When Aretha Franklin was signed to Columbia Records in 1960, she was positioned as Ella Fitzgerald's successor, the new queen of pop. In fact, she was quite different—earthier, girlish and of her times. Not until Franklin was signed to Atlantic in 1967 was she fully maximized as soul's leading lady and the regal extension of Ray Charles' naturalism. This instant transition from Tin Pan Alley ingénue to gospel diva is fully explored on Aretha Franklin: The Queen of Soul (Atlantic). This hits are all here (Respect, Chain of Fools, Day Dreaming, Spanish Harlem, I Say A Little Prayer and others) but so are the forgotten sleepers like Don't Let Me Lose the Dream; Baby, Baby, Baby; Ain't No Way; and The House That Jack Built. There are 87 tracks on four discs, and the remastering gives this material much-needed sonic dimension.
A companion set to the Franklin box is Otis Redding: The King of Soul (Atlantic). Redding's attack was grittier than Franklin's and more of a snarling emotional belter than a glossy gospel crooner. Redding also was a master interpreter. His My Girl is easily on par with the Temptations' original, Day Tripper is searing, Knock on Wood with Carla Thomas rocks and his own Respect, which Franklin recorded, has the kick of a mule. This box, like the Franklin set, is meant to be heard from start to finish, providing a clear sense of what made Redding special at the dawn of the soul revolution and before his career tragically ended in a 1967 plane crash. Four CDs and 67 remastered tracks.
If you're a fan of The Mamas & the Papas (I certainly am), you'll love the re-issue of A Gathering of Flowers: The Anthology of the Mamas & the Papas (Real Gone Music). Originally released in 1970 as a double-LP, the greatest-hits album was assembled by Dunhill after the group broke up. This CD is worthwhile for two reasons: First, the 20-song CD features all of their best work remastered, letting you hear the depth of their arch vocal harmonies. Second, each song was preceded by interviews with the principals, making this album an audio documentary. You'd think that hearing this CD once would be enough given the pre-song interviews, but the short talks actually give the material character and remind you that the group delivered an unmistakable sound during the late '60s, rivaled perhaps only by the 5th Dimension.
Between his album Woman in 1979 and the movie Arthur in 1981, Burt Bacharach wrote the score to the film Together? (Real Gone Music). The lyrics on the vocal tracks were written by Paul Anka. As the title's question mark implies, the movie—starring Jacqueline Bisset and Maximilian Schell—was a Who's Afraid of Virginia Wolf for the post-disco era, as Bisset tries to right her sinking life as Bisset and Shell spend much of the film snapping at each other. If you're a Bacharach fan, then you know this album has been out of print for some time. High points include Jackie DeShannon singing I Don't Need You Anymore and Find Love, Michael McDonald on I've Got My Mind Made Up, and all of the poetic Bacharach instrumentals. Though the music is more mid-life crisis with tennis sweater over the shoulders fare than Dionne Warwick, the music remains worthy.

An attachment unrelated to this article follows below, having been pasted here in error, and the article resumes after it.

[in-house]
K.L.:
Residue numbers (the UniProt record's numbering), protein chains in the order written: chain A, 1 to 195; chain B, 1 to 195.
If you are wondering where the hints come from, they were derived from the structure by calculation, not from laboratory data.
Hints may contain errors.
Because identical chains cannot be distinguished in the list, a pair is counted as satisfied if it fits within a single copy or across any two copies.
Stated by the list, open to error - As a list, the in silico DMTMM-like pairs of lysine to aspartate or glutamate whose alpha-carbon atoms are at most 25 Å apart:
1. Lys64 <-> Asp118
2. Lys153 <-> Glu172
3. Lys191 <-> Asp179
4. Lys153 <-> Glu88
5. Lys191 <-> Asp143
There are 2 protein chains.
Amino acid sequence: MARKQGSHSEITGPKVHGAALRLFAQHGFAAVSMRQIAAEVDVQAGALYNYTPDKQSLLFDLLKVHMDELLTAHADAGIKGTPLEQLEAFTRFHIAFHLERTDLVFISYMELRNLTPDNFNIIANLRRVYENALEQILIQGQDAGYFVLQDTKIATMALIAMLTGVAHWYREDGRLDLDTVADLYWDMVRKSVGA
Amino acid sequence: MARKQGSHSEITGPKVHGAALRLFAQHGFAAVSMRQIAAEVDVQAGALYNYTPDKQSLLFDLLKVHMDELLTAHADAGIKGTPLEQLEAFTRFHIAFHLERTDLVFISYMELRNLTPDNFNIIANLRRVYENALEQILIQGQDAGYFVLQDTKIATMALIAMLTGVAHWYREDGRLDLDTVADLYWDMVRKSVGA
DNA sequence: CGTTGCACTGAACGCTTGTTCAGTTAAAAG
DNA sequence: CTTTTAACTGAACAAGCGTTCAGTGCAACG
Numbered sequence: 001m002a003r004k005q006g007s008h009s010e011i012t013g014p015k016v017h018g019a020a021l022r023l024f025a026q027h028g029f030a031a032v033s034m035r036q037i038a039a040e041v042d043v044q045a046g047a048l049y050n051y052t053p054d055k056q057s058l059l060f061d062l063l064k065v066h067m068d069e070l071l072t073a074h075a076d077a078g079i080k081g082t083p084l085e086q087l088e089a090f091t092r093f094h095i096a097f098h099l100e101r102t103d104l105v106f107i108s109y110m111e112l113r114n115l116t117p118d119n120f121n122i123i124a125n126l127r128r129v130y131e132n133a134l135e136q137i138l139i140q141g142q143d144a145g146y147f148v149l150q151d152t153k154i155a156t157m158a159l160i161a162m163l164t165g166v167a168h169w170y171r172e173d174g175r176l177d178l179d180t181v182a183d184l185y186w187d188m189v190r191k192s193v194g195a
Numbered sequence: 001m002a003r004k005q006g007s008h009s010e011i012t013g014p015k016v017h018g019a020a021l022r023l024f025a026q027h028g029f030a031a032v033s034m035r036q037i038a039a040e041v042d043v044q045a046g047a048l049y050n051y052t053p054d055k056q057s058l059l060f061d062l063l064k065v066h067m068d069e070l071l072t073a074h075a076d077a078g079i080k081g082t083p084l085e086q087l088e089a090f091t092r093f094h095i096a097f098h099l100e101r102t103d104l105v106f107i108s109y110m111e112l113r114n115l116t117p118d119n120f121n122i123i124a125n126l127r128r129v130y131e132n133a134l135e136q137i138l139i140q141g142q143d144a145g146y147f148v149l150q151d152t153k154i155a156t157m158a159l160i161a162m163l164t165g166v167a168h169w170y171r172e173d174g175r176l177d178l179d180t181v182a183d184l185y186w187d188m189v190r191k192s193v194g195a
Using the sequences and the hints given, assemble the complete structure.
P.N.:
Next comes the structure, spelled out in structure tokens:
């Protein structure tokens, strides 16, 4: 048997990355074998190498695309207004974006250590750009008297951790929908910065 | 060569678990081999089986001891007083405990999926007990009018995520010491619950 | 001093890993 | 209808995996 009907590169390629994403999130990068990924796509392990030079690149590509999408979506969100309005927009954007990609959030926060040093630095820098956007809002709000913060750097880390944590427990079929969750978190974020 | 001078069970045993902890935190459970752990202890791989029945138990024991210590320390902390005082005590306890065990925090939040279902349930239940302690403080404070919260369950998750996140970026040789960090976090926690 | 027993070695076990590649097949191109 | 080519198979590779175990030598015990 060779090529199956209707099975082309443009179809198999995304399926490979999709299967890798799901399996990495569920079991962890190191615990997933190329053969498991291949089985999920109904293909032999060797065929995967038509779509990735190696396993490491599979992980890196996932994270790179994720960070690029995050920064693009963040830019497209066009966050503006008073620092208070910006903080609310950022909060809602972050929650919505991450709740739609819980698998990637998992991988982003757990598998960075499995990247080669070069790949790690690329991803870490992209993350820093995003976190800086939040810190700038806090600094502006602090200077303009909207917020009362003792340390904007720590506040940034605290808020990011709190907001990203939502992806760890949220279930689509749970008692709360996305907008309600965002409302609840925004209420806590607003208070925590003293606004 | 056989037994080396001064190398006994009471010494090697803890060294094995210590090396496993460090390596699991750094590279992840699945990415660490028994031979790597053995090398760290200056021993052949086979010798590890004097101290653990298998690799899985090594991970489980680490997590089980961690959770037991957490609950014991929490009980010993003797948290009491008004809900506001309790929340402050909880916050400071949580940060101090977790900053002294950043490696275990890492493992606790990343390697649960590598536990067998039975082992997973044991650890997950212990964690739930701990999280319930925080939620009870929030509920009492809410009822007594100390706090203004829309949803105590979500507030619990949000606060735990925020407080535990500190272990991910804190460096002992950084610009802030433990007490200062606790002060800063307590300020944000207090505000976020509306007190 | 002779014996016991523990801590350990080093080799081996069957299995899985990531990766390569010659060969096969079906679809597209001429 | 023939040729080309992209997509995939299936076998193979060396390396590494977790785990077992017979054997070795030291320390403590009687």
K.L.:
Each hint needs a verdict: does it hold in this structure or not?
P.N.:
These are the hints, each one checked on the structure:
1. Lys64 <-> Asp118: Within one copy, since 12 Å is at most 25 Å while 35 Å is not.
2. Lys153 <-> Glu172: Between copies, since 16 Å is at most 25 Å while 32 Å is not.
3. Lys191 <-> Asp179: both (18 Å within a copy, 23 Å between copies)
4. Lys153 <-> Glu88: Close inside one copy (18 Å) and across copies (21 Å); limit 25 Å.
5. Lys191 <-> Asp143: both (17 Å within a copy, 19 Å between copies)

Robert Prester's Dogtown (Commonwealth Ave.) has a breezy Latin-fusion feel that instantly engages. Songs like Vincenzo's Blues, Toy Soldiers and The Prophecy are uplifting pieces that are beautifully crafted and arranged. All of the music except Giant Steps was composed by pianist Prester. As for Giant Steps, it's given a strong Latin piano treatment and Prester doesn't falter, coming at you with a skippy beat and line after joyful line of improvisation.
Saxophonist Lenny Sendersky is from Russia and guitarist Tony Romano is from New York. Together, they make rollicking South American music on Desert Flower (LeTo). Sendersky has a tone akin to Bud Shank and David Sanborn while Romano brings an authentic Brazilian flavor on the acoustic guitar. To sweeten the pot, they're joined by special guests—trumpeter Randy Brecker, vibist Joe Locke and vocalist Cleve Douglass. This is mostly a gentle bossa-jazz recording that sways and grooves all the way through.
The Weave is a septet from Liverpool in Britain, and songs on their new album The Weave like Hollie Dancer and Apart From That Mrs Lincoln aptly show off the band's lyrical chops and whimsy. The front line of two trumpets backed by a five-piece rhythm section is a sound rarely heard in jazz these days. As the band says on their site: "The Weave is a collection of world-class Liverpool-based jazz musicians playing a repertoire of warm, melodious and largely friendly home-grown tunes." Available only in Europe at this point as far as I can tell.